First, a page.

Blackness In Argentina


While visiting Argentina, I had a goal to study the presence of African descendants in this country. I found that the population is lower than I expected it would be in a South American country (considering the rates of neighboring countries like Uruguay and Brazil). However, I’ve had the opportunity to come in contact with many different forms of art that was either created by or depicts African people. These works serve as a reminder that African people had an impact on this region of South America.

The history of African people in Argentina (in the Americas in general) has been extremely traumatic and African decedents are still dealing with the residual of this trauma daily. They were brought here and forced to become slaves. In enduring that, they were promised freedom in exchange for becoming Argentine soldiers in the Paraguayan and Chilean wars. Many black men were killed in that war which contributed to the diminishing population. This created a sex ratio between black men and black women, leaving black women to “procreate” with European and Indigenous men. During the yellow fever and cholera outbreaks in the 1860’s and 70’s, the Afro-Argentine population was diminished because of poor living conditions they were forced into due to discrimination. The trauma goes on and on. The residual presents itself as police brutality, housing discrimination, erasure and a plethora of other disheartening issues. 

Argentine’s often deny the history of African people in the country. Some say the country does not have black skin. However they have been integral to many aspects of Argentine society and culture. For example, Black slaves brought to Argentina built much of the infrastructure. This includes the church we visited while on tour at the Jesuit block. African hands forcedly created that church, doing most of the work to make it as beautiful as it is today. Argentina doesn’t currently have the best economy but without free labor, the country would not have reached the heights it has as quickly as it’s been done. Having and keeping slaves is free labor. Having free labor is an easy way to jumpstart an economy, resulting in a higher probability for economic success. To continue, the Argentine’s did not invent the oh-so popular dance they are known for. During personal research, I found out that the Tango was influenced directly by Afro-Argentines!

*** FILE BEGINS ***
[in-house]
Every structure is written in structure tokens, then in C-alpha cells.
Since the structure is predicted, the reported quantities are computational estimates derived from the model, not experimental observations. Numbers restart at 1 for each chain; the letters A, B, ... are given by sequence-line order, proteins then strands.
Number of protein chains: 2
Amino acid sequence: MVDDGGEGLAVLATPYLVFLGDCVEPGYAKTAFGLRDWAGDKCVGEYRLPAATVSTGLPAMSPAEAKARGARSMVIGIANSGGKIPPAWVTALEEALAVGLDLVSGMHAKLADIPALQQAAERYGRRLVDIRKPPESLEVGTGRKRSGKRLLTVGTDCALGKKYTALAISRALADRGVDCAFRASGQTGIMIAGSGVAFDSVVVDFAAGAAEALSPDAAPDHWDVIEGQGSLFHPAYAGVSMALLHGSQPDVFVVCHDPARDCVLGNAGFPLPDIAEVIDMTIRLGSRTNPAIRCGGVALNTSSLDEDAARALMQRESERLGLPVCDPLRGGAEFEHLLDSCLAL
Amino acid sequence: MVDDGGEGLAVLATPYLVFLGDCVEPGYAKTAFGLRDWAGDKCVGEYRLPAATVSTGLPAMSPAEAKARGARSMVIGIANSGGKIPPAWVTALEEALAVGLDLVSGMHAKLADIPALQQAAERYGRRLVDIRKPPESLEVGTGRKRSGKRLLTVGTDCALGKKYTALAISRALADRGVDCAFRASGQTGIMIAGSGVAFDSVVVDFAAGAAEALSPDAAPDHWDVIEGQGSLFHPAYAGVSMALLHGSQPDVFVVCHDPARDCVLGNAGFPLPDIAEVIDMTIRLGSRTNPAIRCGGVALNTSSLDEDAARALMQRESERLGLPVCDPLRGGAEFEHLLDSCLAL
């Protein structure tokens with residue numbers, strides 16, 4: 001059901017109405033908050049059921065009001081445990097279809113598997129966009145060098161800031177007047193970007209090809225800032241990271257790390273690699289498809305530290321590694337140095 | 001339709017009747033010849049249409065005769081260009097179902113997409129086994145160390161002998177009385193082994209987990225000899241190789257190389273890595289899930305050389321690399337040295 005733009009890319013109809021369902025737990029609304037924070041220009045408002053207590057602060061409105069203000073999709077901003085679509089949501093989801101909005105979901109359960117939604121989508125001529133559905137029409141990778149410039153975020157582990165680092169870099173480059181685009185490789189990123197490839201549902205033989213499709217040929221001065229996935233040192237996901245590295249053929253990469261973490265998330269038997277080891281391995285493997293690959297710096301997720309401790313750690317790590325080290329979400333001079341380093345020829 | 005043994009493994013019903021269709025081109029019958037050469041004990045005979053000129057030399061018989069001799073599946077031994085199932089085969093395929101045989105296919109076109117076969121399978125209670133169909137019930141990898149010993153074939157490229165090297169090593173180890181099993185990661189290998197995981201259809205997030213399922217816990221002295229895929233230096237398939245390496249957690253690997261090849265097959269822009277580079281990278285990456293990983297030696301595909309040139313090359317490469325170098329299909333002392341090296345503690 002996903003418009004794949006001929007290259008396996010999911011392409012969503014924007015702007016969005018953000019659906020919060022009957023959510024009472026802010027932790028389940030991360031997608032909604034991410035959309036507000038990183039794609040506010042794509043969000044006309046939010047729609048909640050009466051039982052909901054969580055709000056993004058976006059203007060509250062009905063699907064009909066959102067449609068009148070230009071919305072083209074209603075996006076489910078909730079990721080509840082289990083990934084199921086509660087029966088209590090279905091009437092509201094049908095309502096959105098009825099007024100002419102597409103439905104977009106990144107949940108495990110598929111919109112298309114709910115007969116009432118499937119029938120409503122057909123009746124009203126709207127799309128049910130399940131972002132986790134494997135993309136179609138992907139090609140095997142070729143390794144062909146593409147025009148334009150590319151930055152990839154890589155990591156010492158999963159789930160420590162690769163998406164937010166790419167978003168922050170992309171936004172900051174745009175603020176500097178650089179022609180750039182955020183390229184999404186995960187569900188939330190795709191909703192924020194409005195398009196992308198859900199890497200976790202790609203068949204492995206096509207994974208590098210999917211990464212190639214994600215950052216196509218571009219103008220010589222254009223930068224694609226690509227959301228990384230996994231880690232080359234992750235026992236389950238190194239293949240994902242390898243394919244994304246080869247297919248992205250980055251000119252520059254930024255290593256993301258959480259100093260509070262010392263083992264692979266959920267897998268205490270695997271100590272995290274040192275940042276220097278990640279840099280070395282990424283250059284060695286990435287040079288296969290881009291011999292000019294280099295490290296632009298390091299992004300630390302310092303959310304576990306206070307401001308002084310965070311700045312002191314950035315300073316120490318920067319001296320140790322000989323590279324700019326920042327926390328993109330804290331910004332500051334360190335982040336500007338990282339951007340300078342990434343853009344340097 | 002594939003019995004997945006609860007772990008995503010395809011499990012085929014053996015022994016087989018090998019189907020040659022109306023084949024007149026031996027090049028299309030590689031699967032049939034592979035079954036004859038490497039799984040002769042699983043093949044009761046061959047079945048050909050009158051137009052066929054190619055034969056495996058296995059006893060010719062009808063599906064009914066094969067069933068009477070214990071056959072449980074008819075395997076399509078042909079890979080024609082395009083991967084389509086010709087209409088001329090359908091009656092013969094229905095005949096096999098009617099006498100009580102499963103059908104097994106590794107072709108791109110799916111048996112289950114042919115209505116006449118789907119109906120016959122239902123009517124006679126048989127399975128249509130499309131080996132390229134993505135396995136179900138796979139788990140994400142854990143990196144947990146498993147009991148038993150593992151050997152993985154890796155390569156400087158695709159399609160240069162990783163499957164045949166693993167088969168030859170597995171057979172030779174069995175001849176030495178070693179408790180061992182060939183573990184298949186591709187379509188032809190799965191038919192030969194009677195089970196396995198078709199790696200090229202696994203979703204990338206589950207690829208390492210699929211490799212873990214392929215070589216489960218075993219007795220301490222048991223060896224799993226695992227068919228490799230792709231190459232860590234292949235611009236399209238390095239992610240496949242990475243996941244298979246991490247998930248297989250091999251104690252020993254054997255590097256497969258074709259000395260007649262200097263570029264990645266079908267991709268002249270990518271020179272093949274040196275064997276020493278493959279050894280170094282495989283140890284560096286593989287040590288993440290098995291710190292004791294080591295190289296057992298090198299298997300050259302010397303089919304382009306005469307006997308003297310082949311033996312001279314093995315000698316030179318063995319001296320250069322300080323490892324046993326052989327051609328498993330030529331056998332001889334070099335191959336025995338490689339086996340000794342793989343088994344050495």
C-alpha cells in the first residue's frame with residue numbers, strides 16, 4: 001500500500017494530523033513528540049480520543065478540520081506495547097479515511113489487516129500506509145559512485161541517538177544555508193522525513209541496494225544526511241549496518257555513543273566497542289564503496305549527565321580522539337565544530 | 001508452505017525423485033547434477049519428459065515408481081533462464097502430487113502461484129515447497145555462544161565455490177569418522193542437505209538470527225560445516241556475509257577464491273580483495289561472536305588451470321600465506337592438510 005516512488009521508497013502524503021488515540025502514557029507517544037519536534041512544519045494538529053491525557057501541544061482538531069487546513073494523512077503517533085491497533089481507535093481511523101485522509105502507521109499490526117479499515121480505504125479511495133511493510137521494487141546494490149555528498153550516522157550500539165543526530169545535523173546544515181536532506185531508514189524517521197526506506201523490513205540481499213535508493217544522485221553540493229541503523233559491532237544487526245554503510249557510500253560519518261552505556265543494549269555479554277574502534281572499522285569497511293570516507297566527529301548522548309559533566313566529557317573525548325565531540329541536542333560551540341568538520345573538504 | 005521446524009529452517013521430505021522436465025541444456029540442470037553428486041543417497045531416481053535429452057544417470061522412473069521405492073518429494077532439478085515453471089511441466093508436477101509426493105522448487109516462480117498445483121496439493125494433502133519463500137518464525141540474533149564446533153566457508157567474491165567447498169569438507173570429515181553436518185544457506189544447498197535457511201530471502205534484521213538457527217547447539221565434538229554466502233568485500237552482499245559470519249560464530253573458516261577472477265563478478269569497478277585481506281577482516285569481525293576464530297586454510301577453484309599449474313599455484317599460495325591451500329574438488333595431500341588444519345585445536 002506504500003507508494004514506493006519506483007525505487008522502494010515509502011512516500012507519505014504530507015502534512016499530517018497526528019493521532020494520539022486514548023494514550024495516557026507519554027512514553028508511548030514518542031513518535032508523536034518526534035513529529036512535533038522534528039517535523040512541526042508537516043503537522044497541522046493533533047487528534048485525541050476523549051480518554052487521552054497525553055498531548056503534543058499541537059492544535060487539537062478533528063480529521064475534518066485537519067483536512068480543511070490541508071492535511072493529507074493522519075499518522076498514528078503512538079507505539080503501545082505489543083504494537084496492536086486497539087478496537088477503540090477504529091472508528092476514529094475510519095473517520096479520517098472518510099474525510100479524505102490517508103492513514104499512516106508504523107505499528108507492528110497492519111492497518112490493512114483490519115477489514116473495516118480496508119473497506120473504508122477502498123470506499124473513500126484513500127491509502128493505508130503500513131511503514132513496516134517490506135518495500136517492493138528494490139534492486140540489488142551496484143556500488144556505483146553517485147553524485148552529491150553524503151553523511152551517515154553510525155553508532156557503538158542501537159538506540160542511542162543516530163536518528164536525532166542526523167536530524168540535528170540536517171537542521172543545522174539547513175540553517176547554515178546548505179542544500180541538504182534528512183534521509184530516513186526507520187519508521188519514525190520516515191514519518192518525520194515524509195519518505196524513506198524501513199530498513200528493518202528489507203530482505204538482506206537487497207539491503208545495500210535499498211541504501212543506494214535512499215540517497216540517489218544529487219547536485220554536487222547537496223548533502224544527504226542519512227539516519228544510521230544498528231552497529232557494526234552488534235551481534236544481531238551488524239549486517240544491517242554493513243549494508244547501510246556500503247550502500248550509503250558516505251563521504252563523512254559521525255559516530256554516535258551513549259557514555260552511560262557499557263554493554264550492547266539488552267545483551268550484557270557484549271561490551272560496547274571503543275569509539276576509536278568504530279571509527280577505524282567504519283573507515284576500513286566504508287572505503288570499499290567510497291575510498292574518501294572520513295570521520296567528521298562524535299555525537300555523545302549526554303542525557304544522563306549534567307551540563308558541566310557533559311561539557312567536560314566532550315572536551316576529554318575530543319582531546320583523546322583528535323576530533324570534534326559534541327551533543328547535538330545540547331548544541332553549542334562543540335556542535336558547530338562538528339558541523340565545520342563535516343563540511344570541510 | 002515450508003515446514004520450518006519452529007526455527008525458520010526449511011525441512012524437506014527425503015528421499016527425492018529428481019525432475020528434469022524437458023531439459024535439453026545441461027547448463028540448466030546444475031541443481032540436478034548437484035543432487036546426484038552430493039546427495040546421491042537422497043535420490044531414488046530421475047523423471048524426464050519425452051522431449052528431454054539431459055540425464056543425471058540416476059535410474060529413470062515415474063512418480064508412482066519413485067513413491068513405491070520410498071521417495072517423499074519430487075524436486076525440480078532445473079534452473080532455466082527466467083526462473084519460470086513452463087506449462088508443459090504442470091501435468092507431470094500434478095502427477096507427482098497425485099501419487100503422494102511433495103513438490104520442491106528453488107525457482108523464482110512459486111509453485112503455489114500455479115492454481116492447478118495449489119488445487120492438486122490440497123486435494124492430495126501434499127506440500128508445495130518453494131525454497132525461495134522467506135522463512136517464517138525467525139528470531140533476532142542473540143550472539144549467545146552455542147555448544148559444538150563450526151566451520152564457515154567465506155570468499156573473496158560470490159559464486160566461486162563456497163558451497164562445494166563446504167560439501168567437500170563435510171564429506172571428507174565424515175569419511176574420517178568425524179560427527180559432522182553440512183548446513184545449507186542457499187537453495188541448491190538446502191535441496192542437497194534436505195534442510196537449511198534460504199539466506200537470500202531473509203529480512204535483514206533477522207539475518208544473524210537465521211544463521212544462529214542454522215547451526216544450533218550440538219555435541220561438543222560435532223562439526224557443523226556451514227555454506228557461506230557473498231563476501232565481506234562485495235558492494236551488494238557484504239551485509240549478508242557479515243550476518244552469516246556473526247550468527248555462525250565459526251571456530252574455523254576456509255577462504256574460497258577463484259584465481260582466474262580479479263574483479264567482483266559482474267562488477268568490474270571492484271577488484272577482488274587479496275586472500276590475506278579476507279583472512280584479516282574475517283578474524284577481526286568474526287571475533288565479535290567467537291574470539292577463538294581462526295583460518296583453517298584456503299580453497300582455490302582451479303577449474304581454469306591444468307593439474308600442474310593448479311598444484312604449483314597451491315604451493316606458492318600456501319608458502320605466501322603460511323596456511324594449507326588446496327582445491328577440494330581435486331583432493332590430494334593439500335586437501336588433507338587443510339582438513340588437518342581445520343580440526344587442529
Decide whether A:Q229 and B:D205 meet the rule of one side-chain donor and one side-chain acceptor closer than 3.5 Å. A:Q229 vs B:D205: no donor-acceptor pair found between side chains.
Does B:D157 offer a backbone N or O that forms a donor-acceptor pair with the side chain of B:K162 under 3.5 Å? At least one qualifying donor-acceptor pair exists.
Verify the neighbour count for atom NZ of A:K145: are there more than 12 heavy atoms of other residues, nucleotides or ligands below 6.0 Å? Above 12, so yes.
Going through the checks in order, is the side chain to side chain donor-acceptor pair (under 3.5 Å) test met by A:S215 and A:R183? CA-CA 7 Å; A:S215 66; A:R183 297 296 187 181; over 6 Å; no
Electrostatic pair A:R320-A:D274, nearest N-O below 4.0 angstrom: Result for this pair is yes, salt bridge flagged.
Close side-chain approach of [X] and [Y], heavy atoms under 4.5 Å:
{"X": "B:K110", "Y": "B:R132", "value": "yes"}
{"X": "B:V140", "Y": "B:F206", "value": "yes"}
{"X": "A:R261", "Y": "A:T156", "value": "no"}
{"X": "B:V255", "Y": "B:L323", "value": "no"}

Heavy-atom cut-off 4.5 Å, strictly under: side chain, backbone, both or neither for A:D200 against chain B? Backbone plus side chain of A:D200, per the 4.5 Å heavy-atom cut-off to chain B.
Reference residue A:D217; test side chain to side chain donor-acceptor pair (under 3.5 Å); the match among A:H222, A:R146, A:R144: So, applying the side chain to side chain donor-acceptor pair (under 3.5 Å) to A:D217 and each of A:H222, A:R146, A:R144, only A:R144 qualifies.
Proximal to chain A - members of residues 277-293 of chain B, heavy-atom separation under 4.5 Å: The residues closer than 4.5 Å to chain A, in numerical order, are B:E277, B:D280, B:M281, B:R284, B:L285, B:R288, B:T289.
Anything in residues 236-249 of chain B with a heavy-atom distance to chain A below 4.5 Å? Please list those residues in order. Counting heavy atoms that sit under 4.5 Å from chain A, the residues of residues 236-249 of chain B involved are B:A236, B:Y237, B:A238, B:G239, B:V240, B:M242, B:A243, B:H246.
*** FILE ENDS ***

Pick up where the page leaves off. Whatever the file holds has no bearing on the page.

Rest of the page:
In Pumla Gobodo-Madikizela’s article on Cape Town, South Africa, she discusses the act of healing and finding peace in relation to collective trauma. Specifically she states that:

“The process of restoring the human capacity for empathy and the intrinsic sense of human possibilities that are destroyed by violence requires a working through of trauma, which in essence is the reparation of the brokenness brought about by traumatic experience in the lives of victims.”

Being a descendent of slaves can be a heartbreaking experience. Where many other groups of people can trace their roots and know their heritage directly, it seems like my own heritage has been framed with trauma and heartbreak. Sometime’s it seems to still be that way considering the odds that are constantly being stacked against us. To this day, people in Argentina still refuse to completely recognize and accept what African people have done to contribute to this place. Erasure is still prominent and discrimination is rampant. But in my own journey for self awareness and identity, I find that I grasp peace in my peoples suffering by knowing how talented and capable they were then and are now. It reflects in their decedents but also the things that they have left behind for us to discover all over the world. As I learn more about the history of Africans on this side of the globe, the anger and heartbreak is accompanied by pride and dignity, It’s motivation to keep pushing in a world where the odds are stacked against you. I’m excited for other aspects of African culture I may find during this trip. 


Leave a Reply

Your email address will not be published. Required fields are marked *